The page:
It’s not just the numbers that matter, however, it’s that audiences have thrown up their hands in disgust, growing tired of being force-fed the same big-budget pap disguised in brand new CGI wrapping. They have rejected the notion that everyone will want to pay $14 to go see movies clearly reverse engineered for the ids of boys and men aged 13 to 25.
Hollywood is shocked to see that there are other audiences that may pay to go see movies, like (gasp!!) women. “The Heat,” the action/comedy starring Sandra Bullock and Melissa McCarthy, has so far grossed more than $155M off its budget of just $40 million. Audiences are voting with their money by either staying away from the box office or paying to see smaller, art house gems like Jeff Nichols’ “Mud” and Richard Linklater’s brilliant “Before Midnight”. Both wildly successful.
At its core, what this summer has proven is that Hollywood is fundamentally broken. A recent Esquire piece has dubbed this “the rise of the Moviecoaster” and it couldn’t be more spot on.
Movies designed to be clangorous spectacles but also reverse engineered to be theme park rides, video games, action figures, and comic book tie-ins. No longer do movies have to be “good”, do stories have to be “well told. Rather, in the eyes of studios, they simply have to be the biggest gorilla in the room. They are made to be seen by 100M people and therefore must cater to 100M varying tastes. Yet by doing so they cater to no taste at all. They exist for their own existence. Solely to be packaged, merchandised, and added to a portfolio of a corporations exploitable IP.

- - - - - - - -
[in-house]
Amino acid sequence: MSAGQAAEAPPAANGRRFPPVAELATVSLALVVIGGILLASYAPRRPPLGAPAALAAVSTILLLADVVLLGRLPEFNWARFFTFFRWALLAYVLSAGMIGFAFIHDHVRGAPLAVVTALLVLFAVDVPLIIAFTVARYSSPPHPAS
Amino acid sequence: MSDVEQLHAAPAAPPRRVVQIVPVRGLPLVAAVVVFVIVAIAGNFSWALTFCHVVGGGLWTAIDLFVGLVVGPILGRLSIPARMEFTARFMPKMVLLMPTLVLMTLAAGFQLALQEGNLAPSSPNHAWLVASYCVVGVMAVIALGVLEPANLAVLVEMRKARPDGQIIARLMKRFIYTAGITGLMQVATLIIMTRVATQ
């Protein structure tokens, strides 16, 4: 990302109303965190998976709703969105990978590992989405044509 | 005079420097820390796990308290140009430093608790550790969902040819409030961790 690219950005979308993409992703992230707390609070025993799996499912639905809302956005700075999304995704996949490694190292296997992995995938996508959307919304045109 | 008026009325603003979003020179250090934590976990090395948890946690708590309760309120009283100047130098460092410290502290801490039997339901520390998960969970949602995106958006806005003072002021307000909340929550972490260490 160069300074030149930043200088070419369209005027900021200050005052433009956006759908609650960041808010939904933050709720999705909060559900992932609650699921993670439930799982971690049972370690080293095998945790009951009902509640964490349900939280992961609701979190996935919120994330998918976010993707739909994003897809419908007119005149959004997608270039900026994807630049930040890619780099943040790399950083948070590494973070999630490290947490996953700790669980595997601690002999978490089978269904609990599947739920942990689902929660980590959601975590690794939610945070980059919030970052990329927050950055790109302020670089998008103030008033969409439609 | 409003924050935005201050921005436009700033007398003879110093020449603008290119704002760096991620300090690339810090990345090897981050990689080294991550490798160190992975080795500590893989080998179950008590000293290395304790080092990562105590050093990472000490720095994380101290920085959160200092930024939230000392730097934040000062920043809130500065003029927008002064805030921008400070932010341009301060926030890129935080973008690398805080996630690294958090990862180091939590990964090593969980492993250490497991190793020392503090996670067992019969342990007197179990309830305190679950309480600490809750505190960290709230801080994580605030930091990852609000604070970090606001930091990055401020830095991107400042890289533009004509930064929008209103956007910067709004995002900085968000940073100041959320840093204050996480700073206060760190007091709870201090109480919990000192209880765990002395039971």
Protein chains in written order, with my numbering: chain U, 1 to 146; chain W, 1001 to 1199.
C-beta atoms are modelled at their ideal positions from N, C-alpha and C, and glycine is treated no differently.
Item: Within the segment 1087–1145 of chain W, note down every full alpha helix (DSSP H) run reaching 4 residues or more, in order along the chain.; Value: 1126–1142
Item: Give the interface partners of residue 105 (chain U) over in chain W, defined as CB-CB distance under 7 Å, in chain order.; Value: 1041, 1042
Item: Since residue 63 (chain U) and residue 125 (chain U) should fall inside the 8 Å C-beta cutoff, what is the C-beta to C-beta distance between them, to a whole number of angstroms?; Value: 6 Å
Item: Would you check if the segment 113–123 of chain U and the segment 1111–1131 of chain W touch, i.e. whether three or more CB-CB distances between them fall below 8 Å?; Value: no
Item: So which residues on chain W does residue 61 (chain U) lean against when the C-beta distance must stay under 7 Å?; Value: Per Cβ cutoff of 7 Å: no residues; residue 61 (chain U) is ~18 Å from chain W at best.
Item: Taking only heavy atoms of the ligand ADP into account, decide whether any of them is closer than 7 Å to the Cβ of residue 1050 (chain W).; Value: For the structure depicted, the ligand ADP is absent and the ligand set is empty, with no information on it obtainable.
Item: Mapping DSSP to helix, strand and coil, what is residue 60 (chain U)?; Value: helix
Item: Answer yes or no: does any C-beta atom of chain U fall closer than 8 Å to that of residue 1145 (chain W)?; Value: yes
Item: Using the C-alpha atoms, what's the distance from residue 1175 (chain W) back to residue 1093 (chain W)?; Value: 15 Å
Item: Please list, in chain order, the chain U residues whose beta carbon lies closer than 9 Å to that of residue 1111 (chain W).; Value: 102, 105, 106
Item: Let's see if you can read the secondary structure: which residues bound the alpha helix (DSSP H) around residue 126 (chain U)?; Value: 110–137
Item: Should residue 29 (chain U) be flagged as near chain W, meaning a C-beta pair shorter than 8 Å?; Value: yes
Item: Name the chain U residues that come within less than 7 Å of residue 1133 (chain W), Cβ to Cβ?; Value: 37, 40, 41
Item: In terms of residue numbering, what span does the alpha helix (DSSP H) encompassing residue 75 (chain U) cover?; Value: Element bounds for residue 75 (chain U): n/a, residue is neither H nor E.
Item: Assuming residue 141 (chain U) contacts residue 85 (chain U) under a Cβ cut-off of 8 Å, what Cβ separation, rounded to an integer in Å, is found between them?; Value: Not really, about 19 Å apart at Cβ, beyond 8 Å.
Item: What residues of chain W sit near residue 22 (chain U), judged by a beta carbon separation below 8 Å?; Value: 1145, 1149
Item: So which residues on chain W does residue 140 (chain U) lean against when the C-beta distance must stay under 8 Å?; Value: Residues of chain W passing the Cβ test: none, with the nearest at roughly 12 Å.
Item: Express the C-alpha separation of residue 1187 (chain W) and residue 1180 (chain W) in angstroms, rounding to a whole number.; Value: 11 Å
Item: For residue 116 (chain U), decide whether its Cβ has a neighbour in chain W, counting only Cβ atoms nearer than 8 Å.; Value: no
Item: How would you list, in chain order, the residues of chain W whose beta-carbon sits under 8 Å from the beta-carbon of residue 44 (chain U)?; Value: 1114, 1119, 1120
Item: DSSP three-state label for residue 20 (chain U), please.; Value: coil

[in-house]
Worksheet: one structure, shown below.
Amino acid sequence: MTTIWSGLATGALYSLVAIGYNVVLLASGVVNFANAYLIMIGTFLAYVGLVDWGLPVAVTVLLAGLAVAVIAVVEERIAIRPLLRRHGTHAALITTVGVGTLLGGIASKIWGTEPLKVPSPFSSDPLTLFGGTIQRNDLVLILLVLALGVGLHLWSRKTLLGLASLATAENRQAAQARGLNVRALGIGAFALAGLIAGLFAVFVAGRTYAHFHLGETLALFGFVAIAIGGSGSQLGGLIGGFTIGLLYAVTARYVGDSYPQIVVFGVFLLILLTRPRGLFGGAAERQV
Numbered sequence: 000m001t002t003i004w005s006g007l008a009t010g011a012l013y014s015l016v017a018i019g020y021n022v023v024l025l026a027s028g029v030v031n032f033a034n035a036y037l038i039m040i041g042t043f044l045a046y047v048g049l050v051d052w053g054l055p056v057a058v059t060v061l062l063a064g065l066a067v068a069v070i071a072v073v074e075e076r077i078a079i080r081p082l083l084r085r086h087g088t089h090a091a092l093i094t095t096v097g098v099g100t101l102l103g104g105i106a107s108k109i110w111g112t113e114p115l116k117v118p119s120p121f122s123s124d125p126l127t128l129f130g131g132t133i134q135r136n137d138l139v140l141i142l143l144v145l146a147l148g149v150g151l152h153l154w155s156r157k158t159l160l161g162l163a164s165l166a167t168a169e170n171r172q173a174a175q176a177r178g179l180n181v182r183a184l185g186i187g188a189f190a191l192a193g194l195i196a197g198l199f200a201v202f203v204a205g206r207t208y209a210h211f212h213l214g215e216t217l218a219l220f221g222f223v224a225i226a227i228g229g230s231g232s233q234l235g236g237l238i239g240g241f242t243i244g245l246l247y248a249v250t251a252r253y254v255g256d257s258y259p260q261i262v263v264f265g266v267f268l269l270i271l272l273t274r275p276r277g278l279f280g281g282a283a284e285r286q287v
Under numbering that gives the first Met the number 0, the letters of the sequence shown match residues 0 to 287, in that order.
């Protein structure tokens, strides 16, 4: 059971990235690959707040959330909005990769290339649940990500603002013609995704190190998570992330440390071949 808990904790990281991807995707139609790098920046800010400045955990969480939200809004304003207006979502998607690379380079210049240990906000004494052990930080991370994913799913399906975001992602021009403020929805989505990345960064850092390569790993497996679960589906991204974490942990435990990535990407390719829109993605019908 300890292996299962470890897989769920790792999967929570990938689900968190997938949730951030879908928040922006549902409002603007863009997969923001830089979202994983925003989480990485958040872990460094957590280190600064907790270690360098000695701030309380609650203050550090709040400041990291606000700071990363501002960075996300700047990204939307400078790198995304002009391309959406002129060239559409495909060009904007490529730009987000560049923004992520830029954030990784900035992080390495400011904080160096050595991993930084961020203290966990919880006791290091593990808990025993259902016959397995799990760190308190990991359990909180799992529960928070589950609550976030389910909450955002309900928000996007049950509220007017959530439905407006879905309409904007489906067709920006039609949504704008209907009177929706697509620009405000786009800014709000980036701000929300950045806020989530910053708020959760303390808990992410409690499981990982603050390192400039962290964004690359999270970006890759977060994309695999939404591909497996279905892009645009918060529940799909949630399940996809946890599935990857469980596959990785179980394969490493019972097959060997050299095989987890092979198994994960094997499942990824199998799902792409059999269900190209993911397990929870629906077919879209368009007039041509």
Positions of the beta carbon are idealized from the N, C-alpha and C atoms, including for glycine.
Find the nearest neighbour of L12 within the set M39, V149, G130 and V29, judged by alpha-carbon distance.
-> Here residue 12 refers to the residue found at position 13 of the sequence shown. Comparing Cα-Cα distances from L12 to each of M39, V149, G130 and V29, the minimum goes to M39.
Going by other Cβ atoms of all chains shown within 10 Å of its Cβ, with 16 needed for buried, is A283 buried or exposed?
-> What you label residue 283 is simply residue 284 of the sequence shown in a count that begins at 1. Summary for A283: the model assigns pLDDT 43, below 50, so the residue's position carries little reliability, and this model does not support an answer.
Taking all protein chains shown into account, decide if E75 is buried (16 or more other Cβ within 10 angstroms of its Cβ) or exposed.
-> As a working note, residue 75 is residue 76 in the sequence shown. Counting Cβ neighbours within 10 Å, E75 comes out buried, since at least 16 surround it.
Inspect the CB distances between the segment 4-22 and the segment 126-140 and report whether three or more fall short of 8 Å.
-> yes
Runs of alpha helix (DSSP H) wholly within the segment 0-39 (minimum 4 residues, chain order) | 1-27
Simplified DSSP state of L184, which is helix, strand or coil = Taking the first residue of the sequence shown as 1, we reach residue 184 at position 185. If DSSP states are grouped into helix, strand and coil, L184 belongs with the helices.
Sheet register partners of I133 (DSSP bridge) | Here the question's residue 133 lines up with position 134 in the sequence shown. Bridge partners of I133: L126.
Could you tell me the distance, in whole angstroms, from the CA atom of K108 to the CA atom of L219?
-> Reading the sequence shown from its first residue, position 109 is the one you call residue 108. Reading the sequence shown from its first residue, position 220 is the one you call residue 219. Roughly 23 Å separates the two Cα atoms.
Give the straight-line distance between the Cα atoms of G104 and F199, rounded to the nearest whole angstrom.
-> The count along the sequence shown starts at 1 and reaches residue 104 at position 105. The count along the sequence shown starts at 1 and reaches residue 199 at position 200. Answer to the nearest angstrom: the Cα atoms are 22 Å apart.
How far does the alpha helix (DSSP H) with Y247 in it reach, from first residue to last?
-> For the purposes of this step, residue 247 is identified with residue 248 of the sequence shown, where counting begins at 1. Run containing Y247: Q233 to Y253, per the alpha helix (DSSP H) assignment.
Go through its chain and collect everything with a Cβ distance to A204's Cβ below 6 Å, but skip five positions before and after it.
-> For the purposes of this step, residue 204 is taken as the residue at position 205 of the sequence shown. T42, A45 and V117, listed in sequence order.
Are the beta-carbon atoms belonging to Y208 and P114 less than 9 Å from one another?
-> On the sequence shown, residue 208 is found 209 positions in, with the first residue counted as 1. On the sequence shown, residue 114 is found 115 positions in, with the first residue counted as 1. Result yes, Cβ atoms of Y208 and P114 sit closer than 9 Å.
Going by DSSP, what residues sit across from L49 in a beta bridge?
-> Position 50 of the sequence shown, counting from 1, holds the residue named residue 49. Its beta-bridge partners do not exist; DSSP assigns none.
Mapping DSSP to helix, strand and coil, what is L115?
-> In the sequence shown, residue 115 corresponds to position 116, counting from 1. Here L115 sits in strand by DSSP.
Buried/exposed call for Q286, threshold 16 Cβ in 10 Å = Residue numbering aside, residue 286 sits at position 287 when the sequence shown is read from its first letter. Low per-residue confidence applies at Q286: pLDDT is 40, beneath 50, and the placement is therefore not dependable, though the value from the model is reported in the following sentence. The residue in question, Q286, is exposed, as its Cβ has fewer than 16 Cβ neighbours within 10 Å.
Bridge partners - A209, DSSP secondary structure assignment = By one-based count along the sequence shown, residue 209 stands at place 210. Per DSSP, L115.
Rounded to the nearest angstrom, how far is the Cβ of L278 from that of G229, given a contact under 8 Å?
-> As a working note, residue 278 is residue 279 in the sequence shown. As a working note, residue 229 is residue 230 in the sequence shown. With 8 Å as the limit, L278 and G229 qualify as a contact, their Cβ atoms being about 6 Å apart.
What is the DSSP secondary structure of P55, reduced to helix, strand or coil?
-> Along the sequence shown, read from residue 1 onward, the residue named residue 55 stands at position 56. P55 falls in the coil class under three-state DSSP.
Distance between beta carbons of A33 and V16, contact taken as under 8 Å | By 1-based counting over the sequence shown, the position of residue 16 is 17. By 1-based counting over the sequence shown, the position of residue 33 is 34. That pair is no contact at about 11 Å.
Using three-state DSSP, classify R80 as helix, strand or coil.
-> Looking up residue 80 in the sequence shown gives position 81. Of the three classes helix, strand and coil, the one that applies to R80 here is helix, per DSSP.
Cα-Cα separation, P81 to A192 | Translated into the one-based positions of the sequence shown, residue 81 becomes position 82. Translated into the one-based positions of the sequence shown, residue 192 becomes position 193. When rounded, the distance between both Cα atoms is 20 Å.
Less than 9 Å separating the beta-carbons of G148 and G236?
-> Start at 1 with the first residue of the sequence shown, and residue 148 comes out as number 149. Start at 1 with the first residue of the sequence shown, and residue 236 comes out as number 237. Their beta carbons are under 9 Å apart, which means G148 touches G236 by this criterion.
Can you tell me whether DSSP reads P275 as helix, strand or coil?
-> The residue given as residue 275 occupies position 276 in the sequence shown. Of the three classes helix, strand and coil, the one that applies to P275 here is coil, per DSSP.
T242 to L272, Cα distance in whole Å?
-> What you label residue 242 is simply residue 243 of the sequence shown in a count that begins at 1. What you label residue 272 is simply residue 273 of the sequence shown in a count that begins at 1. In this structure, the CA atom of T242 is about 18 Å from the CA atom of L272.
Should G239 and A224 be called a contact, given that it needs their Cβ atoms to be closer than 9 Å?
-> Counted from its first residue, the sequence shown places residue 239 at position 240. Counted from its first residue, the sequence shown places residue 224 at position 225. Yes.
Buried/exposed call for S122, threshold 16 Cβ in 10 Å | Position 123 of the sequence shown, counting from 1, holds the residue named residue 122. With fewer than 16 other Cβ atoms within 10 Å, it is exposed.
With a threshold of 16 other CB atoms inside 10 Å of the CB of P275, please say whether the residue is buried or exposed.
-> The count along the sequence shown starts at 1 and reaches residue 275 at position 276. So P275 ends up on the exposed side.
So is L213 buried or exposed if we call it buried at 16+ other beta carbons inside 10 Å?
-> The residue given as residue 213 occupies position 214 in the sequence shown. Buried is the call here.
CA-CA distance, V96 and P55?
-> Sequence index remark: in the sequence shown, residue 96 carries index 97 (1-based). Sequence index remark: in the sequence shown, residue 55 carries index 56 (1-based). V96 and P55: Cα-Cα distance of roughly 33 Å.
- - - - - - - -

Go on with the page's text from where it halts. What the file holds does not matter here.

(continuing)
But it has to change. Studios can’t keep playing Russian roulette on “sure fire” hits that cost $500 million or more to make and market.
And just think, if Disney did something as radical as taking the $215 million it spent to lose money on “The Lone Ranger” and instead made 10 movies that each cost $20 million, what would happen? Their risk would be dispersed, some may lose a small amount of money, most would break even or make a reasonable profit, but one or two would be very successful.
What’s even crazier? They could actual make movies based upon whether or not they were good. Investing in the visions of writers and directors to make movies that audiences would actual want to pay to see. If audiences started going back to the movie theaters, then there’s no reason why big, summer movies can’t exist. There just can’t, and shouldn’t, be 15-20 $100M+ films every summer.
So what’s next? Hollywood will lick its wounds, count its small victories as larger ones, and continue doing what it’s doing. The lesson they’ll learn from “The Loan Ranger” — “Don’t make westerns.” Right? It has to be the genre and not the fact that it was a bloated, terrible film that no one wanted, based on a property that their target demographic had probably never heard of. Instead they’ll retreat even further into superhero movies, comic book properties, and beating the life out of every possible franchise they can.
Hopefully though, at some point, they’ll realize that there is a diverse audience that wants to see a diverse slate of movies. That what most audiences want are movies that are simply good. Not everyone wants to see cities get turned to rubble. Hopefully, Hollywood will learn there is money to be made on quality films. But, then again, they probably won’t.